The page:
How to use arrow Keys

Hey i am not so well experienced in programming...

I recently made a code in which i wish use my arrow keys as controls rather than just typing the command i created and pressing enter in the serial monitor.

I made a code where when you press r and enter, led light shifts right on the led matrix. same with l, means left, u, means up, d, means down.

After evry command i have to press enter to send it to the arduino board.

I wish to use arrow keys instead and without pressing enter i want the command to go to the board, like a video game you know.

Please Help

Not possible with the serial console that comes with the Arduino IDE, since it sends the text, typed into the textbox and you are not able to 'type' a 'left-key'.

You have to look for an alternative COM console that supports it or write your own controller.

Take a look at the Keyboard library, especially

https://www.arduino.cc/en/Reference/KeyboardModifiers

@econjack:

He wants to send the arrow keys from the serial console to the arduino.

The link you attached is how to send keys from the arduino leonardo to a PC, right?

thomai:
He wants to send the arrow keys from the serial console to the arduino.

Yes, but that's not going to work as you pointed out before my post. I was simply trying to show him a source that uses symbolic constants to read input from non-Serial sources. We don't know if he has the correct board to use the Keyboard library, but there are some ideas there on how to approach the problem.

i am using arduino Uno

If you use a terminal emulator rather than the serial monitor, you can configure it to send you the keycodes as one of the common terminal control escape sequences, e.g. ESC[A

write a little Processing program and just send l,u,r,d when you detect an arrow is pressed

here is a simple example

load this in your UNO - don't open the serial console

void setup() {
  Serial.begin(115200); // make sure it's the same on both sides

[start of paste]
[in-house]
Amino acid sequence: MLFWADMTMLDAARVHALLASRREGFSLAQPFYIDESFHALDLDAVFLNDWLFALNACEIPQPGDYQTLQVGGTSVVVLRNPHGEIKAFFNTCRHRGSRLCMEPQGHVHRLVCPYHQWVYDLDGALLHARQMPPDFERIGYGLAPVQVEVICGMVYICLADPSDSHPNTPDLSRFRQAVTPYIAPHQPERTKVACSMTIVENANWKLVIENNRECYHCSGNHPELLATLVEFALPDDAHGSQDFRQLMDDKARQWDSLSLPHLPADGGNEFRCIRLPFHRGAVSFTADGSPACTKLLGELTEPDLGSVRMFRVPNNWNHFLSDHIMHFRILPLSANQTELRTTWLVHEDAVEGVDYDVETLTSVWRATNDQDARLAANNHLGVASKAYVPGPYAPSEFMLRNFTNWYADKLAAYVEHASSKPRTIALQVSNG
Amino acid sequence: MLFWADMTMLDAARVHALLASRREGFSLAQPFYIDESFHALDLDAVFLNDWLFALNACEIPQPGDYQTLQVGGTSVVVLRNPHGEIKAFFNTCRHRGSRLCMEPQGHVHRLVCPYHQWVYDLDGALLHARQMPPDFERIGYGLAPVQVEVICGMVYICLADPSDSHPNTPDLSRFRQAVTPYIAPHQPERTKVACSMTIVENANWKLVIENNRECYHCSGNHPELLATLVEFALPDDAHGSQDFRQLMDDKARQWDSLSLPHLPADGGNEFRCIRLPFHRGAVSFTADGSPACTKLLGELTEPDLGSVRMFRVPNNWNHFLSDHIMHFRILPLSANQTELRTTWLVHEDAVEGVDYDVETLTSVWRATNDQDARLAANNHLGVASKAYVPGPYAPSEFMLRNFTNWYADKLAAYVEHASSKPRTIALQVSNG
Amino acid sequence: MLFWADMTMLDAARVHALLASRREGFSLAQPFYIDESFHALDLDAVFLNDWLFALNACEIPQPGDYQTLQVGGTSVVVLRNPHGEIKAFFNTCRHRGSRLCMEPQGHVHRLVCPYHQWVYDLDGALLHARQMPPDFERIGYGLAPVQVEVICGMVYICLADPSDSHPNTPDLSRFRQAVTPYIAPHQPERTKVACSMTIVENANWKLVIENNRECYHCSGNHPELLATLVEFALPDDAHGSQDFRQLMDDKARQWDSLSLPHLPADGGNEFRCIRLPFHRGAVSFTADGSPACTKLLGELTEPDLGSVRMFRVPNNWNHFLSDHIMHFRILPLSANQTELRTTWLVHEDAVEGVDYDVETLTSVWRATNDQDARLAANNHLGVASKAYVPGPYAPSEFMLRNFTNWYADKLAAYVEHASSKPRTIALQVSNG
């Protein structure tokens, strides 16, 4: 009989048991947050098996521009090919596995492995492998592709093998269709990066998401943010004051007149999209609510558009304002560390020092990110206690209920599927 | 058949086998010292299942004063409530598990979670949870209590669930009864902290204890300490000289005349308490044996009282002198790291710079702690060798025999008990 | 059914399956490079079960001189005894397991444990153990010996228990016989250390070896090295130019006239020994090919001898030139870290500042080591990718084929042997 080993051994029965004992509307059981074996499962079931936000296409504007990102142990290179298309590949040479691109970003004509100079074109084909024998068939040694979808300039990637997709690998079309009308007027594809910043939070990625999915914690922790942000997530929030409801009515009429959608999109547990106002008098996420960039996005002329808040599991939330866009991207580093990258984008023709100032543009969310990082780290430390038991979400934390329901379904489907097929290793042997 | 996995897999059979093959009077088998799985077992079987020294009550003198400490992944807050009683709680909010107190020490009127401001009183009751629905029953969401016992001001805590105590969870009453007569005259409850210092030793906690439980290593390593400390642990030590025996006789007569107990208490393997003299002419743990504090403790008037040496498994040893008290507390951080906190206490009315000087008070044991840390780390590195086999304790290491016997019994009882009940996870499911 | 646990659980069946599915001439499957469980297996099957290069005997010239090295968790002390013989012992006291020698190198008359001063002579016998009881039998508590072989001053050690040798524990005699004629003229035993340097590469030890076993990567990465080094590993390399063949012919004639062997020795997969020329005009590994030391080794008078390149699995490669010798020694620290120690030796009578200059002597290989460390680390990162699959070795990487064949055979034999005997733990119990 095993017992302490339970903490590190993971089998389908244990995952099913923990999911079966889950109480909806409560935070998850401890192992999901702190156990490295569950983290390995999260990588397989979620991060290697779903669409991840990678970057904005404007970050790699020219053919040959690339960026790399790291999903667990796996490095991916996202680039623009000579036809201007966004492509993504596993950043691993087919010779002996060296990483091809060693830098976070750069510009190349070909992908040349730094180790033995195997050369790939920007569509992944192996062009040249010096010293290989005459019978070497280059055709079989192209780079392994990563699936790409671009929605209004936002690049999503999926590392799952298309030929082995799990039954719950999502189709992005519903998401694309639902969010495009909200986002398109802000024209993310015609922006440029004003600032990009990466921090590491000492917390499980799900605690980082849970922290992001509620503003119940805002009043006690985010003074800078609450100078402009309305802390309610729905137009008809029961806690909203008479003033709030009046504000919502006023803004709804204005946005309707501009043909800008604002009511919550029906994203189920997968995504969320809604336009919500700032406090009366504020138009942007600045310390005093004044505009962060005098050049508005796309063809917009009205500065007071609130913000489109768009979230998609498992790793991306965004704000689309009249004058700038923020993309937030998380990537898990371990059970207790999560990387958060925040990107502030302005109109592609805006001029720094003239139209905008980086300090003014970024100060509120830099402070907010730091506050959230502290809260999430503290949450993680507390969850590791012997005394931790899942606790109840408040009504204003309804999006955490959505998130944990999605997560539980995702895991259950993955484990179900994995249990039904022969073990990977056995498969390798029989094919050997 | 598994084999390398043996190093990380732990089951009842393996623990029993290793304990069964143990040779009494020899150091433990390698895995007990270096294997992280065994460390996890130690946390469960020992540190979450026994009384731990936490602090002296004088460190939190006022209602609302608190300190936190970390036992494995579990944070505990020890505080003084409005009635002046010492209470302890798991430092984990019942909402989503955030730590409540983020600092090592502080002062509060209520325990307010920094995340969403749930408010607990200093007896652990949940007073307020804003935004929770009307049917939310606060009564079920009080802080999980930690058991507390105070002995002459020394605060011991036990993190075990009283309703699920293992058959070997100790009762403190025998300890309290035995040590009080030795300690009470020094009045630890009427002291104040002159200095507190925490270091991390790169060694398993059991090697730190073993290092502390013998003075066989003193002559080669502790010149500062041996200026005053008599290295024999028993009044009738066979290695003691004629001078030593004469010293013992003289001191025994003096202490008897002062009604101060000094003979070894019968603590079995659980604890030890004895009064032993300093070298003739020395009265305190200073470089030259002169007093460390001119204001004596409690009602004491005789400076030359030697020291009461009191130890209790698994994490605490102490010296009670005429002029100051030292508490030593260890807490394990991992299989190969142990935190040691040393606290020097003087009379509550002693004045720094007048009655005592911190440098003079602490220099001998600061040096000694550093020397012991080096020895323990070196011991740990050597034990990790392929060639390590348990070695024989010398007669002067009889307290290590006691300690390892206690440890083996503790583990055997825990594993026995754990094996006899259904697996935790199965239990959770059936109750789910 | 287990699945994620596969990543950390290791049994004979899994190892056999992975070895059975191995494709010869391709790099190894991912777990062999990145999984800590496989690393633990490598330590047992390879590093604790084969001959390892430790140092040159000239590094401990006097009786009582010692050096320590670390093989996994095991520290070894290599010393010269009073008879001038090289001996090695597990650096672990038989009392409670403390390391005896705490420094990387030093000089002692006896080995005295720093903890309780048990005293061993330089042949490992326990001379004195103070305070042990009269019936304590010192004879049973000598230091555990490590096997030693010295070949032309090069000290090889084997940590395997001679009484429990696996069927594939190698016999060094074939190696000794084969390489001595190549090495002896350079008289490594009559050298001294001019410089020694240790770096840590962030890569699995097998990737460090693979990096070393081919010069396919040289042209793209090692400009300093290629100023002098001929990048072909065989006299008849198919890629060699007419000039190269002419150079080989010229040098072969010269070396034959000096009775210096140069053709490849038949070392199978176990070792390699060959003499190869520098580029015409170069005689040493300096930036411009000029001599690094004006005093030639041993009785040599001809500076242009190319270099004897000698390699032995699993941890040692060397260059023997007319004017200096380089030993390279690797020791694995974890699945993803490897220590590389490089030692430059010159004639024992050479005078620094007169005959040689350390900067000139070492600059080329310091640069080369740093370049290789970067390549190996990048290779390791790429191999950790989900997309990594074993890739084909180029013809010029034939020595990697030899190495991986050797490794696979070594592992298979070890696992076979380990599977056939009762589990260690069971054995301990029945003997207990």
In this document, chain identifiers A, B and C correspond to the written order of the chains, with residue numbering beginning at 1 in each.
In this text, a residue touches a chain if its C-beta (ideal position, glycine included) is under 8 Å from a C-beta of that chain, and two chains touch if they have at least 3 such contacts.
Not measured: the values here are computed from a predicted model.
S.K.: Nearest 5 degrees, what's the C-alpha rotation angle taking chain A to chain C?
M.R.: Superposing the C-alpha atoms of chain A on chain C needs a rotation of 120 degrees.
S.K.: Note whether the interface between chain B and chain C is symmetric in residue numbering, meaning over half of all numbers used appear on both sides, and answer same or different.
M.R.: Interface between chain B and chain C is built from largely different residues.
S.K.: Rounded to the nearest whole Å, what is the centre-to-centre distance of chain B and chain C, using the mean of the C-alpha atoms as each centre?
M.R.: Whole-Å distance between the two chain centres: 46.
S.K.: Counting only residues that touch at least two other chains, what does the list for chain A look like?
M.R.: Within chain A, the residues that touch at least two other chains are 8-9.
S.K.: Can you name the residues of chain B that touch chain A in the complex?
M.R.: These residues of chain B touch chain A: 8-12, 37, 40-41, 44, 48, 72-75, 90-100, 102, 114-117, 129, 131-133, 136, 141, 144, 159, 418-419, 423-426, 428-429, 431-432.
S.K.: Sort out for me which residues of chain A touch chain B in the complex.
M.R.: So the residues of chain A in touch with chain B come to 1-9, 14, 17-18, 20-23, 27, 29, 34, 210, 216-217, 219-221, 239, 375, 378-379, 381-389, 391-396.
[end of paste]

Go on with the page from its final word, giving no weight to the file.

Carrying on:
}

void up()
{
  Serial.write('R');  // RED
}

void down()
{
  Serial.write('G');  // GREEN
}

void left()
{
  Serial.write('Y');  // YELLOW
}

void right()
{
  Serial.write('O');  // ORANGE
}


void loop() {
  char incomingChar = 0;   // for incoming serial data

  if (Serial.available() > 0) {
    incomingChar = Serial.read();
    switch (incomingChar) {
      case 'u':
        up();
        break;
      case 'd':
        down();
        break;
      case 'l':
        left();
        break;
      case 'r':
        right();
        break;
      default:
        Serial.write('B');  // BLACK
        break;
    }
  } else incomingChar = 0; // not really needed but in case you want to do things in the loop upon receiving new chars. if (incomingChar == 0) then no new char was received, otherwise later in the loop you still have the char received
}

Then download Processing if you don't have it yet and load this sketch

import processing.serial.*;

// The serial port:
Serial mySerialPort;       


color fillVal = color(0);

void setup() {
  size(100, 100);
  noStroke();
  background(0);
  printArray(Serial.list()); // do this to find your arduino
  // Open the port you are using at the rate you want:
  mySerialPort = new Serial(this, Serial.list()[1], 115200);
  mySerialPort.clear();
}

void draw() { 
  background(fillVal);
}

//The keyPressed() function is called once every time a key is pressed.
// see https://processing.org/reference/keyCode.html

void keyPressed() {

  if (key == CODED) {
    switch(keyCode) {
    case UP: 
      mySerialPort.write('u');
      break;
    case DOWN: 
      mySerialPort.write('d');
      break;    
    case LEFT: 
      mySerialPort.write('l');
      break;    
    case RIGHT: 
      mySerialPort.write('r');
      break;
    }